In his famous “put up or shut up” challenge to the “bastards” that were making his premiership a misery, John Major resigned as party leader to draw out eurosceptic plotters. He emphatically beat John Redwood in a ballot of MPs by more than two to one.
Under the current party rules, that option isn’t open to Prime Minister Theresa May, who must wait to see whether Brexiteers can gather enough letters expressing no confidence in her leadership.
To trigger a vote of no confidence, 15 per cent of the Commons parliamentary group must write to the chairman of the backbench 1922 Committee, Graham Brady. Letters can come with conditions attached, but they have no shelf life, so even if the threshold is reached, Mr Brady will check all the senders are sure. If 48 letters are collected, a confidence vote would be organised for a day parliament was sitting.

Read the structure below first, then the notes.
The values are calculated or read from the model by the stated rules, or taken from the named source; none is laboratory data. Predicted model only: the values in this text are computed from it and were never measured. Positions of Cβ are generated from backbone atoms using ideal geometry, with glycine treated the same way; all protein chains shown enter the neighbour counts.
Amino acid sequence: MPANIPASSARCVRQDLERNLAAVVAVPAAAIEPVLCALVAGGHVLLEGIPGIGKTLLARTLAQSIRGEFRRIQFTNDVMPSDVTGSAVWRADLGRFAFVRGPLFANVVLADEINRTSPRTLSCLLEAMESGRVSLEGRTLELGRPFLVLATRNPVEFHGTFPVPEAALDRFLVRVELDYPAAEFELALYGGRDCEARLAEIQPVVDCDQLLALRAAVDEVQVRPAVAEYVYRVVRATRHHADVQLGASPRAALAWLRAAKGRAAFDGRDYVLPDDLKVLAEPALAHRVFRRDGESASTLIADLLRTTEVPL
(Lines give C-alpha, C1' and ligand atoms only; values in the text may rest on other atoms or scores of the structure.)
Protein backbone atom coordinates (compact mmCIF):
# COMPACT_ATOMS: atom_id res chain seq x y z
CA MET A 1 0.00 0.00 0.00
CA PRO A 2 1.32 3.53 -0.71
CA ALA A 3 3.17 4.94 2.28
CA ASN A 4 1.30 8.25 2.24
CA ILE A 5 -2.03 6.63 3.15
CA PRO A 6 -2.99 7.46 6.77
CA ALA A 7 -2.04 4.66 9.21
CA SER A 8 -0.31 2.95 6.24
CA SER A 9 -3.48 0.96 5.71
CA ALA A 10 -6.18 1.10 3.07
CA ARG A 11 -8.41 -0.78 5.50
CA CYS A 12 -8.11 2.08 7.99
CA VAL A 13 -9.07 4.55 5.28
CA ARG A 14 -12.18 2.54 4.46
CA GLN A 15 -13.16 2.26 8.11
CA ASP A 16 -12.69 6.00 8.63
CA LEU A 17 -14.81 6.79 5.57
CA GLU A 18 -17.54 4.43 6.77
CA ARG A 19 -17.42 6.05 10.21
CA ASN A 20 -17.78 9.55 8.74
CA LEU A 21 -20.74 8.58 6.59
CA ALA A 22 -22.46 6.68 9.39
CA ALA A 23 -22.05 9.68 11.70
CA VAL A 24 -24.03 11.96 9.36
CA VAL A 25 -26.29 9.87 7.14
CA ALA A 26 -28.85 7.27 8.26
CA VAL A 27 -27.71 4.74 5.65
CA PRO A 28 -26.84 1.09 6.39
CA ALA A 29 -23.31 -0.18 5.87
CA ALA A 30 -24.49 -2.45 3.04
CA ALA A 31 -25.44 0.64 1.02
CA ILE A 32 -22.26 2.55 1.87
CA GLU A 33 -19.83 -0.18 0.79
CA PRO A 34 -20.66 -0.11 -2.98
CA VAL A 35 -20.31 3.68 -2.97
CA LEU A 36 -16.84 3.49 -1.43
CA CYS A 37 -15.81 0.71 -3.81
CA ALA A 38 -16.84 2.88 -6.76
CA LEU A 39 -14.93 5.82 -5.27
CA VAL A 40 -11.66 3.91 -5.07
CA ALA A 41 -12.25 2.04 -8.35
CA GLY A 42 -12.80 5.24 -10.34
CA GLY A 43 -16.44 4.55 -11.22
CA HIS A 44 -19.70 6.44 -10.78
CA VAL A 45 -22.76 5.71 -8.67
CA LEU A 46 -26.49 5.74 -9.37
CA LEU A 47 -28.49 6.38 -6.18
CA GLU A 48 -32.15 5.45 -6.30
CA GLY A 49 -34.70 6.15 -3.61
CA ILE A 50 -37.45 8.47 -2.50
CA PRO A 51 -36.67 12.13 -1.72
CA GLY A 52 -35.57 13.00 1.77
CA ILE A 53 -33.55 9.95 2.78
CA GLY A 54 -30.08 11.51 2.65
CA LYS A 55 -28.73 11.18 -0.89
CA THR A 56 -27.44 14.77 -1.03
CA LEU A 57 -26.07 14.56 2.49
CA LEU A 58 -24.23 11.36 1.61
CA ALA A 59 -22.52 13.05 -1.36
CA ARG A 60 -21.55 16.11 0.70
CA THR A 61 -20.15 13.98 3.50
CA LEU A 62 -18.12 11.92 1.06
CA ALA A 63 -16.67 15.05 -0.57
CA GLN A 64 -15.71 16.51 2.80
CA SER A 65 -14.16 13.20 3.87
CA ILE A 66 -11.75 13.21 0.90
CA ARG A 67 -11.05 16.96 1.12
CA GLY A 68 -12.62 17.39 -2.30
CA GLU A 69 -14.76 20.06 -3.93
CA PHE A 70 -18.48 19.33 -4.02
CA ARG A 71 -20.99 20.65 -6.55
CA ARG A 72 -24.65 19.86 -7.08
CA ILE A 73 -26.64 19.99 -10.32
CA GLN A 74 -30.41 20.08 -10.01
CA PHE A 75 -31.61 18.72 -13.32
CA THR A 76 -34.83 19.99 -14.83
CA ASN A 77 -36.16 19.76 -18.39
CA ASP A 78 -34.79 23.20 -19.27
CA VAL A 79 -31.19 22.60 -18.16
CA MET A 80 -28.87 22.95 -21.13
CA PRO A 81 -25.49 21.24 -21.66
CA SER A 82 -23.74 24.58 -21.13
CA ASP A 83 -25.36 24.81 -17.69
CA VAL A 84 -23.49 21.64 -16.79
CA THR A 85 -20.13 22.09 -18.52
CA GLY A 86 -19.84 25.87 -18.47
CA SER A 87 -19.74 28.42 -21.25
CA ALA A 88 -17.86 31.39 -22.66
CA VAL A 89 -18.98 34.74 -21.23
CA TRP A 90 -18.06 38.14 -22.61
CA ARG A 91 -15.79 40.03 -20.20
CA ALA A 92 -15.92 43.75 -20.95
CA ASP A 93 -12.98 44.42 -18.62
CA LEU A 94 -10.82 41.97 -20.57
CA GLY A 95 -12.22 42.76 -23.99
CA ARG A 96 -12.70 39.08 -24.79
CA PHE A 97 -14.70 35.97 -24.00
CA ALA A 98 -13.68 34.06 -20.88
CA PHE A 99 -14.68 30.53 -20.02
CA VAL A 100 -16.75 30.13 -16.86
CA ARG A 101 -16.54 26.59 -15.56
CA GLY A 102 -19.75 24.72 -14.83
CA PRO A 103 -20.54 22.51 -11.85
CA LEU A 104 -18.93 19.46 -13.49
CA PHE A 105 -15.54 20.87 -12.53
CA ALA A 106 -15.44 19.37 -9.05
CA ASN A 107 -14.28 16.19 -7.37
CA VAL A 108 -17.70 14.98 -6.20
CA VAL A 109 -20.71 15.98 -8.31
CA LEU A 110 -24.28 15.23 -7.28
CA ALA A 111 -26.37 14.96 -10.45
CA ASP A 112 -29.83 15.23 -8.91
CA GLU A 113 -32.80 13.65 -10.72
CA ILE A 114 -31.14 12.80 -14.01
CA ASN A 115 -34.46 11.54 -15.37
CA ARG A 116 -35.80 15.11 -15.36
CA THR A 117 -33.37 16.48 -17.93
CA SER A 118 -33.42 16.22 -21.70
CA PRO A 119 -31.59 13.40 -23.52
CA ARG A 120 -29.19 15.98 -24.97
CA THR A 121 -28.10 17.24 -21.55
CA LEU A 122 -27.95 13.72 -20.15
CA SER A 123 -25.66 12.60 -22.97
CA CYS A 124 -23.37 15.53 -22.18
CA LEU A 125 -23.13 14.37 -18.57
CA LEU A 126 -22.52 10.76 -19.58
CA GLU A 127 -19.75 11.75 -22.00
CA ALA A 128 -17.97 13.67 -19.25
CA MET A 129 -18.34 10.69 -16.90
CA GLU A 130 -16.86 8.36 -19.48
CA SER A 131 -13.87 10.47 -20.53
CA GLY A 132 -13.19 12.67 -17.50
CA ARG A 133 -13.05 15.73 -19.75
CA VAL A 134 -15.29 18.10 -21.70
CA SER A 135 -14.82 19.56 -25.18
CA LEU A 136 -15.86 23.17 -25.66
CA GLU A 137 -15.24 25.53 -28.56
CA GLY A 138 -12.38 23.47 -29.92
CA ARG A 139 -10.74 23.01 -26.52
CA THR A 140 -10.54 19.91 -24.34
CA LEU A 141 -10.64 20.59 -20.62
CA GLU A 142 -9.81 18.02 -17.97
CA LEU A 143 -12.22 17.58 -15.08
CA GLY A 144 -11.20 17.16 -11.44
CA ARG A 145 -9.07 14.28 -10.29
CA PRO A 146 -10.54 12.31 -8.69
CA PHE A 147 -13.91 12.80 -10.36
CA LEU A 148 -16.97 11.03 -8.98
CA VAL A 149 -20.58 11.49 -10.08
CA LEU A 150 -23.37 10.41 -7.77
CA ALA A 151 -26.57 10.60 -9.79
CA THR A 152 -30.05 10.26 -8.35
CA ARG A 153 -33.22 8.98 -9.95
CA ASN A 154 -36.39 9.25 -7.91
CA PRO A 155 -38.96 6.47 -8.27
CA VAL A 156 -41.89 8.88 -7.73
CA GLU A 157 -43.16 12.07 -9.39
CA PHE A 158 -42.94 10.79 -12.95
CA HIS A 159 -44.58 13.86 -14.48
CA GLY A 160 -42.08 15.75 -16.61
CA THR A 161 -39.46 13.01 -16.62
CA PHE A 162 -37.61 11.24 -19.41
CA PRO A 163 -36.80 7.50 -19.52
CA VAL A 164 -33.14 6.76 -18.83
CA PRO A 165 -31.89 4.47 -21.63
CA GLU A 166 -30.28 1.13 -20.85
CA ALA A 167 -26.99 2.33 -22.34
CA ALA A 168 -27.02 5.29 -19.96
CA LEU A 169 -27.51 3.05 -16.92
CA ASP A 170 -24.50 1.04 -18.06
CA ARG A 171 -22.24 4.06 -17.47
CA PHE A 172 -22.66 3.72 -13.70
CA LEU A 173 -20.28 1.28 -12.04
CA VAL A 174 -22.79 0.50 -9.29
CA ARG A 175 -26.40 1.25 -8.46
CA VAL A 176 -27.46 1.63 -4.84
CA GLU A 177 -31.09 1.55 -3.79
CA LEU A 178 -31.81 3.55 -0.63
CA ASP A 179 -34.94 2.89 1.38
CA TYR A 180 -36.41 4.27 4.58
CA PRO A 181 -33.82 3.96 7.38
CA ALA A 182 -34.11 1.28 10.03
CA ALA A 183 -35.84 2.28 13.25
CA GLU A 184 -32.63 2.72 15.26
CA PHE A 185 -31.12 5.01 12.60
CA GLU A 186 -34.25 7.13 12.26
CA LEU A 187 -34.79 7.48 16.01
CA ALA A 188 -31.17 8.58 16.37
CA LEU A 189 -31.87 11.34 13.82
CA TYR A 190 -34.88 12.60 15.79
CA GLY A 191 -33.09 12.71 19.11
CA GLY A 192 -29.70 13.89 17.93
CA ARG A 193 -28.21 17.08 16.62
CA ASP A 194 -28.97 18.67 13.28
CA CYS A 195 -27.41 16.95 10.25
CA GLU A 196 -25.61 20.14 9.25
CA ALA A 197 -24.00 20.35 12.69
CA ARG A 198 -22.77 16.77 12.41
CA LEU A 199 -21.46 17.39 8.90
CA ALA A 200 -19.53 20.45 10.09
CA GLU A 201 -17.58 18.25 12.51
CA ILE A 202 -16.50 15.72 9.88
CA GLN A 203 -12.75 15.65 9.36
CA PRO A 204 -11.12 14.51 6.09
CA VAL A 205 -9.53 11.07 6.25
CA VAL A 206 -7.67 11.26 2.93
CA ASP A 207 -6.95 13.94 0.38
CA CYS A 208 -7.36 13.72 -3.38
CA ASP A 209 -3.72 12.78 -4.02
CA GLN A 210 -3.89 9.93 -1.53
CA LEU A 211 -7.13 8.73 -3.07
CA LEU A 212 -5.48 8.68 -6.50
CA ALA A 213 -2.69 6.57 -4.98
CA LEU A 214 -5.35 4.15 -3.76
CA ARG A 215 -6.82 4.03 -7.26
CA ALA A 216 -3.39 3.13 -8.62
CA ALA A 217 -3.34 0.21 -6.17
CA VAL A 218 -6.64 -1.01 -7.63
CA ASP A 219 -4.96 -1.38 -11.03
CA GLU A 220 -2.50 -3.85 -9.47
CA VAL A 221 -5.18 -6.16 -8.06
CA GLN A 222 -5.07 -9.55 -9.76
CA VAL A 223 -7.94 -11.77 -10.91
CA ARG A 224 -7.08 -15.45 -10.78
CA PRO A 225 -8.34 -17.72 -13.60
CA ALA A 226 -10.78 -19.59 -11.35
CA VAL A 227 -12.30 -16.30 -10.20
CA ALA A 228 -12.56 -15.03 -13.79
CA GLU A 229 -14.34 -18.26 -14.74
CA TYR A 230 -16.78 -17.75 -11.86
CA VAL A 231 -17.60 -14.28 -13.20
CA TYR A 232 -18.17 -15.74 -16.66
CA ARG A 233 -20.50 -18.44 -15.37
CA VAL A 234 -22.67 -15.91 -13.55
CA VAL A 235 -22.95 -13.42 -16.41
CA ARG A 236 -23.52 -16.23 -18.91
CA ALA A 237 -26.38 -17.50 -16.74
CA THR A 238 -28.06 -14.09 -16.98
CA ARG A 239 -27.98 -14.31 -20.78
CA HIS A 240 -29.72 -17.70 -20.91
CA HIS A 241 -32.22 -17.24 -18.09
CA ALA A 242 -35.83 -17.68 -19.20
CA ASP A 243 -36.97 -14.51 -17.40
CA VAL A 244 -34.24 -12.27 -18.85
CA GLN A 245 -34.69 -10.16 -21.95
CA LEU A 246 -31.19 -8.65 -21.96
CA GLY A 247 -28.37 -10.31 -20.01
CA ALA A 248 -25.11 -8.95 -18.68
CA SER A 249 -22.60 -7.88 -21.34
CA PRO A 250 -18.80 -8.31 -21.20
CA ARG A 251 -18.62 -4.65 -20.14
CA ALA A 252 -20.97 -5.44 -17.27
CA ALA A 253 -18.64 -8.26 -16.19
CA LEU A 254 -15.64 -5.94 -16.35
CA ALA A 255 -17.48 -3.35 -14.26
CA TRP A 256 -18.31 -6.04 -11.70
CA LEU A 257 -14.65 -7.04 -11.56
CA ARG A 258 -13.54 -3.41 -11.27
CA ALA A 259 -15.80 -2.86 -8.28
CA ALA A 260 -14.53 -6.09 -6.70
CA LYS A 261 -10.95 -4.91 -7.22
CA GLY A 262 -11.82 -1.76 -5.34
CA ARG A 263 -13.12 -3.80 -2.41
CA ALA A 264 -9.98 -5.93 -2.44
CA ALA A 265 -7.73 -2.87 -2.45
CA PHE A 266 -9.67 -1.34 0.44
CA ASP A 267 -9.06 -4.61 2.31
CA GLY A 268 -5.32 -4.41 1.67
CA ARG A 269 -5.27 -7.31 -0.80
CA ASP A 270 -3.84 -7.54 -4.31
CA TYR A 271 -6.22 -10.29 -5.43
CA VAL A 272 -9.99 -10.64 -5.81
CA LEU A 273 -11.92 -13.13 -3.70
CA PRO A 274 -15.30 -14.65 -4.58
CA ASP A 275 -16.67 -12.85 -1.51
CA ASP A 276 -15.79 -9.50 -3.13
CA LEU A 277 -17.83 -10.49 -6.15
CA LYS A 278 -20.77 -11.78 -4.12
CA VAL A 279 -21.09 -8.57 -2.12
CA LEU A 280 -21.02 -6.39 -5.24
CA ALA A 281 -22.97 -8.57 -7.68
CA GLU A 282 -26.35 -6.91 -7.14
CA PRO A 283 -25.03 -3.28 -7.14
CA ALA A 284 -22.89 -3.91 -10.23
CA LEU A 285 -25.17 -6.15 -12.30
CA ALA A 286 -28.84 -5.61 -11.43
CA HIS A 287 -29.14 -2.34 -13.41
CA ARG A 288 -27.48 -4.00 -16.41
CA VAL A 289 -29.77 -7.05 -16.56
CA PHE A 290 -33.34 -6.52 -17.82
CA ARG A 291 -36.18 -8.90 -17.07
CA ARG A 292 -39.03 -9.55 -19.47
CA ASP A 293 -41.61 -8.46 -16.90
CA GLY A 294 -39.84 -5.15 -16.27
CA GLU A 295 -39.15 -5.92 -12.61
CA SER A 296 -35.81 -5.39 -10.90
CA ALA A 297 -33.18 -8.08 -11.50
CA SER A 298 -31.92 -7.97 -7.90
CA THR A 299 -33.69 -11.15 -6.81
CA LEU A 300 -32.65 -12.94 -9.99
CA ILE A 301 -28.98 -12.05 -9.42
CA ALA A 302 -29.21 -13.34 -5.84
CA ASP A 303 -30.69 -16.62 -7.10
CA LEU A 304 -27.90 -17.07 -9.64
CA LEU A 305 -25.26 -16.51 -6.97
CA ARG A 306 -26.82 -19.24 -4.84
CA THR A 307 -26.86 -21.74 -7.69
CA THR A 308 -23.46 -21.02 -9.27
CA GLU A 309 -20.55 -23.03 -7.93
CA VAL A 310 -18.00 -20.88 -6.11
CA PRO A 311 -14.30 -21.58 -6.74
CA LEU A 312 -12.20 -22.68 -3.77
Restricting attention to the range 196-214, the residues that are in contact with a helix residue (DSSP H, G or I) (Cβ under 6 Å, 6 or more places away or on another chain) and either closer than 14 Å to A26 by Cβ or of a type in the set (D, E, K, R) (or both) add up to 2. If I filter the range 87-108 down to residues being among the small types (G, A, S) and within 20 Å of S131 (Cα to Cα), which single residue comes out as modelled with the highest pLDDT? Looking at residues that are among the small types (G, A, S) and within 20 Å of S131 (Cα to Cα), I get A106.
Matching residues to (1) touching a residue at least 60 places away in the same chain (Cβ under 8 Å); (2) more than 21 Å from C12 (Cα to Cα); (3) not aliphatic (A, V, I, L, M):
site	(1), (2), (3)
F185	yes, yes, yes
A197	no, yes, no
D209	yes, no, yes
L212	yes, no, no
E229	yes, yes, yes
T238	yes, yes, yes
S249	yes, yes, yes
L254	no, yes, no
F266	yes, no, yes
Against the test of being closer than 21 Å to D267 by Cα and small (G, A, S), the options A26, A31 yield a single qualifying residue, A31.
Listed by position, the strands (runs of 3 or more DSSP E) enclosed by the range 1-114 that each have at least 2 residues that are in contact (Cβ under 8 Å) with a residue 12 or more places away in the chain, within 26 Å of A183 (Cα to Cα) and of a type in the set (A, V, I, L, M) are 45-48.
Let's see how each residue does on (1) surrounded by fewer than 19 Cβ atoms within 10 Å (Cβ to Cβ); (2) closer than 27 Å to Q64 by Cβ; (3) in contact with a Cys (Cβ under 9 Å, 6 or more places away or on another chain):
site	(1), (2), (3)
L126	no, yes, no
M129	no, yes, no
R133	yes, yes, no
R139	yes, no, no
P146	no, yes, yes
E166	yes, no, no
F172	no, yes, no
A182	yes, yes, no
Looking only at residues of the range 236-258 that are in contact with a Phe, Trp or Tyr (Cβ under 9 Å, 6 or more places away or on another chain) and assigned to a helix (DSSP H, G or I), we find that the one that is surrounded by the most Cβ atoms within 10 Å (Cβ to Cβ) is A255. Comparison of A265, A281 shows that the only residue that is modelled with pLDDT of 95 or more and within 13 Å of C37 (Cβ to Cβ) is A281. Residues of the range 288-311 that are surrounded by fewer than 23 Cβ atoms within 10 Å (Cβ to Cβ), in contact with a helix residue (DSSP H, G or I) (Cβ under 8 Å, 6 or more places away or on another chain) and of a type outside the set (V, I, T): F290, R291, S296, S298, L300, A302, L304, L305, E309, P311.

The vote is decided by simple majority, and while Downing Street says Mrs May would fight on even after a narrow win, she would be seriously weakened. However, Brexiteers can’t afford to swing and miss: another confidence vote cannot be called for a year.
If May loses, leadership candidates will be nominated and depending on the number, whittled down in bi-weekly ballots of MPs until the last two are voted on by the Conservative Party membership.